So what does this have to do with this blog?  I am curious about the brief intersection of Jerry Hahn and Jerry Garcia and am wondering if there was more to it than is generally known.  I am also interested in this album as it relates to Merl Saunders' own involvement with the scene around Fantasy Records.  But there are no concrete conclusions to draw; so for now, consider some inchoate observations:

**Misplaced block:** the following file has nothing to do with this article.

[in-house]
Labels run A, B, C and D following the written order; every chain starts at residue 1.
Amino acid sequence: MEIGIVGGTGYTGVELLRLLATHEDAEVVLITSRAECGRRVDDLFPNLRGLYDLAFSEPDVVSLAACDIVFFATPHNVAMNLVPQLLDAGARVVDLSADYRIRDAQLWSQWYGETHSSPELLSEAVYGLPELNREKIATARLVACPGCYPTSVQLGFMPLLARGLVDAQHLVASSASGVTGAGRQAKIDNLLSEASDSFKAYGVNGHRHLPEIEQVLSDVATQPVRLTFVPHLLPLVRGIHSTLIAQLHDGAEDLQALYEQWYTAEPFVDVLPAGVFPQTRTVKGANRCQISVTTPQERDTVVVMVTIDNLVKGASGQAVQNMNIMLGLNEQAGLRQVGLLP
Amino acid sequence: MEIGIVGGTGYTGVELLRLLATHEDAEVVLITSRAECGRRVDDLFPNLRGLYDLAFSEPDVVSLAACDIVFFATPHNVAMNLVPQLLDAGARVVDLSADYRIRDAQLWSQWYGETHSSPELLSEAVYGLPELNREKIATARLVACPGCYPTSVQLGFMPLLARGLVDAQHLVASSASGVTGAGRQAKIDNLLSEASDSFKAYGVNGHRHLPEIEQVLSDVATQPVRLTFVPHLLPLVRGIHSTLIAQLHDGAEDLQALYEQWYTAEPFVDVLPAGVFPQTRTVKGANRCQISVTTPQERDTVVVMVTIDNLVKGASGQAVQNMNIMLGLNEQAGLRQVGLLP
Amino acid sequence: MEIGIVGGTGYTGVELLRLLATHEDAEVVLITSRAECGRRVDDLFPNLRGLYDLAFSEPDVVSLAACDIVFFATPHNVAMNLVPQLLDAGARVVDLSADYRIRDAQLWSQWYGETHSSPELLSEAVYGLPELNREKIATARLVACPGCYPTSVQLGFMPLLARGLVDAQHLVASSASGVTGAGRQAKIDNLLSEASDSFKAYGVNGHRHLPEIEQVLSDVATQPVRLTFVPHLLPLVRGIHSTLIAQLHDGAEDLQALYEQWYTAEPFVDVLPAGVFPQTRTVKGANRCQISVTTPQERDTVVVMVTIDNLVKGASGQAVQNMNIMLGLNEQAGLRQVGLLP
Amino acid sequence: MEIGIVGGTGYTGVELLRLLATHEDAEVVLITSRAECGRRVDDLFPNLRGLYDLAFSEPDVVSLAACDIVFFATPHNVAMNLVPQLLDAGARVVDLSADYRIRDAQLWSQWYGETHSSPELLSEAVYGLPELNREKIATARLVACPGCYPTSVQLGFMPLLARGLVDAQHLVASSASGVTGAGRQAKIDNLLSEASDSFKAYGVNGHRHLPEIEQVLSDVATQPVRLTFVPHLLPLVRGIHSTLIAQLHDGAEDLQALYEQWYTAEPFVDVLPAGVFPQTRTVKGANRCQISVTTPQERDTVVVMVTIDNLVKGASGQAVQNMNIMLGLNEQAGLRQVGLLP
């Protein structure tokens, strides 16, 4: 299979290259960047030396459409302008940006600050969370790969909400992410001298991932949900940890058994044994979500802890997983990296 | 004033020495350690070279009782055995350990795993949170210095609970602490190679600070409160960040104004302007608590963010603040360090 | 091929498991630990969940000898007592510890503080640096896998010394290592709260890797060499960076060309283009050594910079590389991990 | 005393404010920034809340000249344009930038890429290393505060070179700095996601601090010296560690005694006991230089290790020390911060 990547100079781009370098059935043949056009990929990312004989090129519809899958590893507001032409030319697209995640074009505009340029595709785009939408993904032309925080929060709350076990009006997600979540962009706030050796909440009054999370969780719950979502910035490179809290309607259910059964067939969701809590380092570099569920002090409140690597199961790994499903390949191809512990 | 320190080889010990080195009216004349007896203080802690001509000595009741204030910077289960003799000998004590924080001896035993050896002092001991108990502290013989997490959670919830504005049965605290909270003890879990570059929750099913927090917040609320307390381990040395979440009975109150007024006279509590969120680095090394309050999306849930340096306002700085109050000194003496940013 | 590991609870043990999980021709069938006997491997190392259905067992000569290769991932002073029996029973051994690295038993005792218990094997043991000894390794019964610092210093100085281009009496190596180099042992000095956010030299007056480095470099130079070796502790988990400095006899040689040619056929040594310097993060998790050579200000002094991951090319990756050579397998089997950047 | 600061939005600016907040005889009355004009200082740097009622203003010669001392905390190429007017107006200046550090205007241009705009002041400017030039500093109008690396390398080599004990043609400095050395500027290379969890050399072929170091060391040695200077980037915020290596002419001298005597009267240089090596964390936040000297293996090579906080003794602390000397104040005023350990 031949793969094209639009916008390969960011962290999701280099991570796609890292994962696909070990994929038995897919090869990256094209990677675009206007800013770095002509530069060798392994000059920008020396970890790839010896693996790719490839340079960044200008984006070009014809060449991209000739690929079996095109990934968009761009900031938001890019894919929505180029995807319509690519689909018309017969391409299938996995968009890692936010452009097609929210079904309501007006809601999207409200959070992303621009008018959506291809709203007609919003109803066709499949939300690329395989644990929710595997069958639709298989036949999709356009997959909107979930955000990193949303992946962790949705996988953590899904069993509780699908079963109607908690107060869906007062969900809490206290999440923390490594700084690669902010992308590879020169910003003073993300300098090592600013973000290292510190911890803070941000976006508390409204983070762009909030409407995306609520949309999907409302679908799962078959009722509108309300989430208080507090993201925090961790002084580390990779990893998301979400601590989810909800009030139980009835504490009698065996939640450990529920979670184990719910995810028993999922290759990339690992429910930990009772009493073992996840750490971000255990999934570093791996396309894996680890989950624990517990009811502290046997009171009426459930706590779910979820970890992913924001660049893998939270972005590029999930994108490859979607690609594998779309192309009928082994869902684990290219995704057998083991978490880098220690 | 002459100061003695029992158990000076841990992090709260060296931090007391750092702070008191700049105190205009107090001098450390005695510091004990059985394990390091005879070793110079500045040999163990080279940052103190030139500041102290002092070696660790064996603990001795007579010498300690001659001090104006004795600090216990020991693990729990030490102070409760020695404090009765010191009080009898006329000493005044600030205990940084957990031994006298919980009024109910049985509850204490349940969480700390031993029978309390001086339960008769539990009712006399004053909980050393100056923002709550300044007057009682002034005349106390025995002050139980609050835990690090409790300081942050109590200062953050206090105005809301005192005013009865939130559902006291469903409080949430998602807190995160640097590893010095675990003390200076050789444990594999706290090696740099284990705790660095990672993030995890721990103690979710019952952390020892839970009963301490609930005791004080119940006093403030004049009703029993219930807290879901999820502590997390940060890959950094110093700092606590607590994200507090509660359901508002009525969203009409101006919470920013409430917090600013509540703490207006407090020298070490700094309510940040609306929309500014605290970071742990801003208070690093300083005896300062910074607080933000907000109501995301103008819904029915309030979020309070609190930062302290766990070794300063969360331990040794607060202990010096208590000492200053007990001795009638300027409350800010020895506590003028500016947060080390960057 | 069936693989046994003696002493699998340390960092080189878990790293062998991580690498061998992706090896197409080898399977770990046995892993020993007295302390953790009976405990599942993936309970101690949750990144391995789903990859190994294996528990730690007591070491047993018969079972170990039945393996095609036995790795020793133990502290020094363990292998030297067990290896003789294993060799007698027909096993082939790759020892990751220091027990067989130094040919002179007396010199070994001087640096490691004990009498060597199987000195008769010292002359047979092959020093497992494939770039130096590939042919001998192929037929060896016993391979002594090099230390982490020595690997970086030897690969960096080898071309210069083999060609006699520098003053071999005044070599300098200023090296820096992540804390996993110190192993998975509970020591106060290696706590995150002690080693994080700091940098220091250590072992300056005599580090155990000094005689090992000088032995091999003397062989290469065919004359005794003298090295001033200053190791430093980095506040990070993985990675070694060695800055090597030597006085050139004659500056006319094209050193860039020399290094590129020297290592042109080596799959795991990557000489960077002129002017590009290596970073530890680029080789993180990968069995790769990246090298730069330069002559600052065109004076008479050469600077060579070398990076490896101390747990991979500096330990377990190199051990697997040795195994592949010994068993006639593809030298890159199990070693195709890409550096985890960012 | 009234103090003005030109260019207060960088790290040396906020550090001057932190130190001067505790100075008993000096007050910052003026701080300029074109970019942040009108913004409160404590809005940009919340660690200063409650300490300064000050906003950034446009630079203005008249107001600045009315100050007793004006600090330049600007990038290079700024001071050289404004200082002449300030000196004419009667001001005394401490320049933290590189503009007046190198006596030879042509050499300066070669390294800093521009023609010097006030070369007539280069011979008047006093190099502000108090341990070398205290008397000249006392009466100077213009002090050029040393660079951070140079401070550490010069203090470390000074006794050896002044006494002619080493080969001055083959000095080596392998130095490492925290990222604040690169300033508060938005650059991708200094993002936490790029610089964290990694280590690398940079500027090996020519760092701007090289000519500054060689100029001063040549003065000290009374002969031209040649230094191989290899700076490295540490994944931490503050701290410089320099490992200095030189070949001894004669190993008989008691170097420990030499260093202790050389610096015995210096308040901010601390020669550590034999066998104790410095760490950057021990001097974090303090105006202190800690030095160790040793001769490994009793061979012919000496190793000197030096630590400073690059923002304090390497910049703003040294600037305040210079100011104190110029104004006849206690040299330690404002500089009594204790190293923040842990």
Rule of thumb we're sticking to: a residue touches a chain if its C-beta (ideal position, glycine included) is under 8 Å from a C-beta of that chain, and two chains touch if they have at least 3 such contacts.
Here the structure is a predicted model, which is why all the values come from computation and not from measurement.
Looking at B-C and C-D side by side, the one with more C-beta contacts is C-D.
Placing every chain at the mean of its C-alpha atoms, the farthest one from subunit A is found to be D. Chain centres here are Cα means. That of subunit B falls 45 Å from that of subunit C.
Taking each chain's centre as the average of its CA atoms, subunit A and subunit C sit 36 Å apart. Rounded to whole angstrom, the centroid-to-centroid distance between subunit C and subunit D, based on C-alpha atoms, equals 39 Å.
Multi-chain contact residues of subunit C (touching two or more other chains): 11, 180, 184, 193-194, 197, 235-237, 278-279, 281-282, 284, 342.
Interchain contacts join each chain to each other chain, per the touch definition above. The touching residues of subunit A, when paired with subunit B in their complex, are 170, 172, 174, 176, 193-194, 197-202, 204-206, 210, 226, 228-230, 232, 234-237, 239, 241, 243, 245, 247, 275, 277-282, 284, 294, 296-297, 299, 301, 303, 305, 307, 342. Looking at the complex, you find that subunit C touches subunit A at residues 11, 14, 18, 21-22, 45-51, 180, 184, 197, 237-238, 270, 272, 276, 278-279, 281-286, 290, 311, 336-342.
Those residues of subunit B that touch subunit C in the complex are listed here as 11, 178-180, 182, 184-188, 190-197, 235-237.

• per George Marsh: “[Garcia] had his own group and I met him then and I was in the Jerry Hahn Brotherhood and we played [the Matrix] also ... So one of those times, it was set up that Mel Graves, the bassist, and myself and Merl Saunders played with Jerry one of the nights at the Matrix” (here).  He elaborated in an interview with Jake Feinberg that Saunders played on both of these nights: one night with Marsh, Graves, and Hahn, the next night with Marsh, Graves, and Garcia.  The Chicken On a Unicycle list of Matrix shows (which I realize is both outdated and probably incomplete), don't show Hahn and Garcia ever performing on the same night; there's a back-to-back booking in April 1970 (Garcia Monday night jam on 4/20, Hahn on 4/21-22), but I am pretty sure that Saunders wasn't in the mix at that point [can't be 4/20-21-22; Howard Wales is on the bill for 4/20].  Marsh does dimly recall to Feinberg that he jammed with Howard Wales at one point, but the details are lost.  The JHB also played the Matrix a lot -- 26 times in 1970, according to that list -- so it could easily have been some other time.  At one time, Corry Arnold thought that this Garcia-Saunders-Graves-Marsh performance was that December.  Re: this same general time period, Corry has also speculated whether Hahn might be the mystery guitarist who sat in with the Dead for a brief but unique jam at Winterland on 4/15/70.  Hmm.